HTML and XHTML are not the same, and every version of
HTML is an application of SGML
No. XHTML is eXtensible HTML. That's what it stands for, and it was
named that because that's what it is.
I am sorry, but that is incorrect. XHTML is HTML's
, not merely the XML version of HTML. The goal of
XHTML is to replace HTML with a saner, reformulated model for
representing hypertext on the web. Yes, the initial versions of XHTML
were designed to be backward compatible with HTML, but that goal is
only for transition; XHTML 2, for instance, breaks compatibility with
HTML and enters entirely new territory. Got it? HTML is one family
of markup languages, whose line ended with HTML 4, and XHTML is
another family of markup languages that replaces HTML and whose
initial versions are backward compatible with HTML.
XHTML "is" HTML only the layman's sense that HTML means "the
mysterious stuff programmers write to make web pages."
Yes, if Perlmonks pages are served out as HTML4, then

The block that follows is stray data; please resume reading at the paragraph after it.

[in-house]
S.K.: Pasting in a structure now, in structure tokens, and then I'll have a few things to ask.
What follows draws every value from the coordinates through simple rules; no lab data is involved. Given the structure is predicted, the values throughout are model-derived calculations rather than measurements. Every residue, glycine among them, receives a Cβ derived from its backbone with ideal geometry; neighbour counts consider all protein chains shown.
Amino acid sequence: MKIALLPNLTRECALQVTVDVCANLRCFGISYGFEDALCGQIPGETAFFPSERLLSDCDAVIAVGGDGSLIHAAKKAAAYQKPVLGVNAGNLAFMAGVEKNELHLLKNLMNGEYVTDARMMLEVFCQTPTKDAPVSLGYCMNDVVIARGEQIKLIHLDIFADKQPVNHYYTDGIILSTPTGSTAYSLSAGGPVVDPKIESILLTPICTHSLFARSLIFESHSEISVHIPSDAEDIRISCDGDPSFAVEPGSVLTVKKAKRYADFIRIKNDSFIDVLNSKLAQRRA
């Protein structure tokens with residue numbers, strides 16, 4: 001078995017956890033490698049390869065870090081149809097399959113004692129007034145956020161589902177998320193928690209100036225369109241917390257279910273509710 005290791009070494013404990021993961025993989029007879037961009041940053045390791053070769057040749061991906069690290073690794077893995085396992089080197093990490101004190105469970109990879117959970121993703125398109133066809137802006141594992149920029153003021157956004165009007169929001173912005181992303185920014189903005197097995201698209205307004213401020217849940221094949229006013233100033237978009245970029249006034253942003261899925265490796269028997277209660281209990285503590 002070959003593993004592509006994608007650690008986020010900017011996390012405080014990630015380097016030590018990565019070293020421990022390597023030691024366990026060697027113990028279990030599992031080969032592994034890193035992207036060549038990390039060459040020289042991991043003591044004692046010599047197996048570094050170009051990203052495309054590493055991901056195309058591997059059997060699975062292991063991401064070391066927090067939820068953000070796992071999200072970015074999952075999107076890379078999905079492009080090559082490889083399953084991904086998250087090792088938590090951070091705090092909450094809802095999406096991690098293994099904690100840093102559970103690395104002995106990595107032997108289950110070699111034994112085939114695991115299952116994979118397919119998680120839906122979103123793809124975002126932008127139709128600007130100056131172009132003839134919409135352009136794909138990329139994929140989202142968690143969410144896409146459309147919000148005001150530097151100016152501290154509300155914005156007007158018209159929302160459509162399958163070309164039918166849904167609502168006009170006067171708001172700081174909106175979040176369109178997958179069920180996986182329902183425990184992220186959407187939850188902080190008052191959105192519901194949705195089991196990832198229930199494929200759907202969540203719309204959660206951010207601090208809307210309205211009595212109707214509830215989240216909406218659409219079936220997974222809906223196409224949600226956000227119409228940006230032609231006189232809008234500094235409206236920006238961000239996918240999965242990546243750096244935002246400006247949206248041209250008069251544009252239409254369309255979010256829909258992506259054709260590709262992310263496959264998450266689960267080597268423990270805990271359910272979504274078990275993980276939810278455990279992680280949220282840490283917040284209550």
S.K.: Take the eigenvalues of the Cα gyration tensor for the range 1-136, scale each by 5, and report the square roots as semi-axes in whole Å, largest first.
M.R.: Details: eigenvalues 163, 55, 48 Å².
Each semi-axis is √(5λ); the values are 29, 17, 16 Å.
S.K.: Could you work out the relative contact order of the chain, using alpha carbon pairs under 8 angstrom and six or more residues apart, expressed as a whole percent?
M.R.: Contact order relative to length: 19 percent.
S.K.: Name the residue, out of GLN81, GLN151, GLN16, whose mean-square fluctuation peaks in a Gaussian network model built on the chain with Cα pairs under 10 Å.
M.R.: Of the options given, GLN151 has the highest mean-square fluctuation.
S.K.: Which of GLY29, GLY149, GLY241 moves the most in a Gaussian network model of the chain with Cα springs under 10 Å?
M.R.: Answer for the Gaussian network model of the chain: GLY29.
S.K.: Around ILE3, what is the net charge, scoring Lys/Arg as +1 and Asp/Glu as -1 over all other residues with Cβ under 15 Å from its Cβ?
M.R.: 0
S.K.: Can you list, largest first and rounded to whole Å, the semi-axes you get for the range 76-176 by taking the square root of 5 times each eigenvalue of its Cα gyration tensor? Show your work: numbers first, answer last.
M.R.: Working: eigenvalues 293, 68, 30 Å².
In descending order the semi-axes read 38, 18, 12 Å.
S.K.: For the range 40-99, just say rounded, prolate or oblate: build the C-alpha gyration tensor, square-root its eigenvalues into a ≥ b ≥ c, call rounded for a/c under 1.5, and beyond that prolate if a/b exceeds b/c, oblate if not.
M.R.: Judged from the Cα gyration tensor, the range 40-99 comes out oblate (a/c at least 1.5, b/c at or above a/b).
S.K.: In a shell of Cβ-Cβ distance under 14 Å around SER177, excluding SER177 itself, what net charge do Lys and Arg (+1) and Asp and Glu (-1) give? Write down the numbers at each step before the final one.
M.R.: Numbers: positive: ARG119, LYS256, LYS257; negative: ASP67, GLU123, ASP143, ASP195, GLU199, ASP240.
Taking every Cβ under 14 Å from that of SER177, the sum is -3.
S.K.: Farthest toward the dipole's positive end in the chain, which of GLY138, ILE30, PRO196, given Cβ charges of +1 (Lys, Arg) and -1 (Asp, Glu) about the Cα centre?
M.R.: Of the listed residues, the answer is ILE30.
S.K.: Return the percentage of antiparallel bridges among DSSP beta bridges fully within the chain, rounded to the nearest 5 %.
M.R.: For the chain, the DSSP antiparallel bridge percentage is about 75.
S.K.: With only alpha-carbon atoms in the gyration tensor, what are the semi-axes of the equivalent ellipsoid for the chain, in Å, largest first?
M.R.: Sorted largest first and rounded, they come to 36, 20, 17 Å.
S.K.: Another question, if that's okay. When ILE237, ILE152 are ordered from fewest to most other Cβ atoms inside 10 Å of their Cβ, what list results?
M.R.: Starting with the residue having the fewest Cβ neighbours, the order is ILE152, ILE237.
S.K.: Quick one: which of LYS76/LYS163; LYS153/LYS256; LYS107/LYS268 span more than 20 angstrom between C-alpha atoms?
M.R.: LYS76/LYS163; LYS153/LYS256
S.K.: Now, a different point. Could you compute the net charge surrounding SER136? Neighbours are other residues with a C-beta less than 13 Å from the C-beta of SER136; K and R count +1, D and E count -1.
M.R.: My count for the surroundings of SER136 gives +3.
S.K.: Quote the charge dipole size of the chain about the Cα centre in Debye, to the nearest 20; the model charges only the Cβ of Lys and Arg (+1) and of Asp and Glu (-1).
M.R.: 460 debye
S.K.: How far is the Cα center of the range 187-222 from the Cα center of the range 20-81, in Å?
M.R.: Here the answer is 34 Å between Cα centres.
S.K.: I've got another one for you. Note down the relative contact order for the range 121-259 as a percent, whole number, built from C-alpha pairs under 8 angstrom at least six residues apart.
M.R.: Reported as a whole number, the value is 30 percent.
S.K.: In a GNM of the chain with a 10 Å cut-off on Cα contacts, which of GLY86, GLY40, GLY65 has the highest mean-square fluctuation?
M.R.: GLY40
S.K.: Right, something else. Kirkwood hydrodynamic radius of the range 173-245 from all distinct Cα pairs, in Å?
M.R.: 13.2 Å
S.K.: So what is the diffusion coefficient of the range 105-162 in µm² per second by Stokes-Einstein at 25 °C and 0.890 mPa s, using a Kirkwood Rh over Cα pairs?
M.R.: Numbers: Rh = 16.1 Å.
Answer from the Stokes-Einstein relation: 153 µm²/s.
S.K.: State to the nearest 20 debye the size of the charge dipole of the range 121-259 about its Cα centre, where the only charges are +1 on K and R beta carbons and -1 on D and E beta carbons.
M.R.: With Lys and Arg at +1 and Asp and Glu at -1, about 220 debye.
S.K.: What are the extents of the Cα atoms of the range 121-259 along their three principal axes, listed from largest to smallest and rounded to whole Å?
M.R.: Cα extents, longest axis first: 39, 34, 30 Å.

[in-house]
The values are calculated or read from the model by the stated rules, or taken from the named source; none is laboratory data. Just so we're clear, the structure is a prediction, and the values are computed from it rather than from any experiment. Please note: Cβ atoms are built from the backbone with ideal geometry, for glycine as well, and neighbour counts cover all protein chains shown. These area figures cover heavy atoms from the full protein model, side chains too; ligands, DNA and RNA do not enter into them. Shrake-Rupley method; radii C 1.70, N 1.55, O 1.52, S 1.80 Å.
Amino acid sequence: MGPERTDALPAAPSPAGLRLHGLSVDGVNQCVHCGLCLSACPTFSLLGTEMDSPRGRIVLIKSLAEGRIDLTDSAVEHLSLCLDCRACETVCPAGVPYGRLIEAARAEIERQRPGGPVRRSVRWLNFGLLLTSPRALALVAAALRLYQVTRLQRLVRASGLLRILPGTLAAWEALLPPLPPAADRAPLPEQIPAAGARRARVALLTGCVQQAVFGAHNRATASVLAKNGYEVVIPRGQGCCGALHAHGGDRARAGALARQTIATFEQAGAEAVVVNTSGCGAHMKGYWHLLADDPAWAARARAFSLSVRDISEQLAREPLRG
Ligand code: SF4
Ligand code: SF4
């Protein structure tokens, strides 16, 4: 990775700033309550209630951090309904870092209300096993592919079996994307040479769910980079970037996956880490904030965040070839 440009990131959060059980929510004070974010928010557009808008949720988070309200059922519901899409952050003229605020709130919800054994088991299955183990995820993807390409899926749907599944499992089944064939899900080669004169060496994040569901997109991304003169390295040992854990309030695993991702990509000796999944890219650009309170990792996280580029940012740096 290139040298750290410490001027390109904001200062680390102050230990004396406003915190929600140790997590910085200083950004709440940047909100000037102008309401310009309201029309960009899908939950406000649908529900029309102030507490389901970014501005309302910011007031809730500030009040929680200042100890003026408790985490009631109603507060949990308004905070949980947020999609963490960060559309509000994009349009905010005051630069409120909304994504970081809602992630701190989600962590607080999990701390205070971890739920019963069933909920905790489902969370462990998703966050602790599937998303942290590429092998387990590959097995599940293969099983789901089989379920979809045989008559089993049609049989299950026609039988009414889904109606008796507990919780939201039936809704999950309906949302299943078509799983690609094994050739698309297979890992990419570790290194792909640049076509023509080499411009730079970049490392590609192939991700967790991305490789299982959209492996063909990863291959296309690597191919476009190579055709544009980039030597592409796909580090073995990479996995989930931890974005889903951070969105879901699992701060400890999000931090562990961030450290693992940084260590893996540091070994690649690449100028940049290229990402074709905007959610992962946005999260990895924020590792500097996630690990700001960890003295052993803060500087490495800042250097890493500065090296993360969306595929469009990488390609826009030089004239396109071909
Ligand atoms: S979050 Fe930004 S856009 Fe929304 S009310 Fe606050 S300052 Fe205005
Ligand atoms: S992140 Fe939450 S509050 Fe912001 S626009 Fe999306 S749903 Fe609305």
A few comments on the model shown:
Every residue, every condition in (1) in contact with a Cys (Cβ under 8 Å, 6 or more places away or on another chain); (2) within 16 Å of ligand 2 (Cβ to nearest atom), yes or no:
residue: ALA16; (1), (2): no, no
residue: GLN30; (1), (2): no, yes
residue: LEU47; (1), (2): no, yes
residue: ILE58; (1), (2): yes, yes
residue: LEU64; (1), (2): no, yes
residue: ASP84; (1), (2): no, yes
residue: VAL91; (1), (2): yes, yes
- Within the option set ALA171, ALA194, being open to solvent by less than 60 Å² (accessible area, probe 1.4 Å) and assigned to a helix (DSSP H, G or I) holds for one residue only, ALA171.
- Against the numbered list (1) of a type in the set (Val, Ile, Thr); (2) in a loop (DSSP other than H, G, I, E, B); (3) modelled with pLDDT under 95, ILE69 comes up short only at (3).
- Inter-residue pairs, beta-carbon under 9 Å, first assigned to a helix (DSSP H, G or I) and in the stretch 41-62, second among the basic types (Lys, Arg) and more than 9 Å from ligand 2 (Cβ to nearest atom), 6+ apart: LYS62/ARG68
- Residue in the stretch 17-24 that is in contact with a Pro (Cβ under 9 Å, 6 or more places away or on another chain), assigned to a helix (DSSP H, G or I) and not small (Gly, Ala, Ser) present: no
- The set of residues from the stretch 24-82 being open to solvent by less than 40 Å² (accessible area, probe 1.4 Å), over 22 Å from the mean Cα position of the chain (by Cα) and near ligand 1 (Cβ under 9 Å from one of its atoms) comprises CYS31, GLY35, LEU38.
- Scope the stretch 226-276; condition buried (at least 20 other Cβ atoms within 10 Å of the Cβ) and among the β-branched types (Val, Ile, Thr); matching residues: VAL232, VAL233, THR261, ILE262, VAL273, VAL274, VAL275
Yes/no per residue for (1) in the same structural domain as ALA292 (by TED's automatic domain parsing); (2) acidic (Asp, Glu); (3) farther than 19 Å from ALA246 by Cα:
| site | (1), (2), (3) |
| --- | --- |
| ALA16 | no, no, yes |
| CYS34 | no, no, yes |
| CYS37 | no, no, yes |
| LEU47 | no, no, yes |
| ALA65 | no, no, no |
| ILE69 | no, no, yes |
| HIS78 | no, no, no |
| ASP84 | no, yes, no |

it's technically okay to omit closing tags as per the HTML4 spec, on
It is not just "technically okay" but perfectly acceptable. If the
document type is HTML 4, you are absolutely, positively allowed to use
markup minimization. You don't make a web browser's job easier or
earn markup karma by using XML markup in HTML documents. If the browser can handle HTML, it knows SGML
parsing rules, and it can handle markup minimization just fine.
As a rule, however, [using HTML
markup] is a bad habbit of which you should really try to
break yourself as soon as possible, for a wide variety of
You can't just make up your own rules that "HTML is bad" and
ignore document types. Please understand that document types mean
If you're writing HTML 4, you ought to use HTML 4's
markup model. You can't just say, "Writing in HTML is a bad habit;
use XHTML markup instead" because that advice will be wrong for most
of the sites on the web, which still serve up their content as HTML.
Use the markup that conforms to the document type.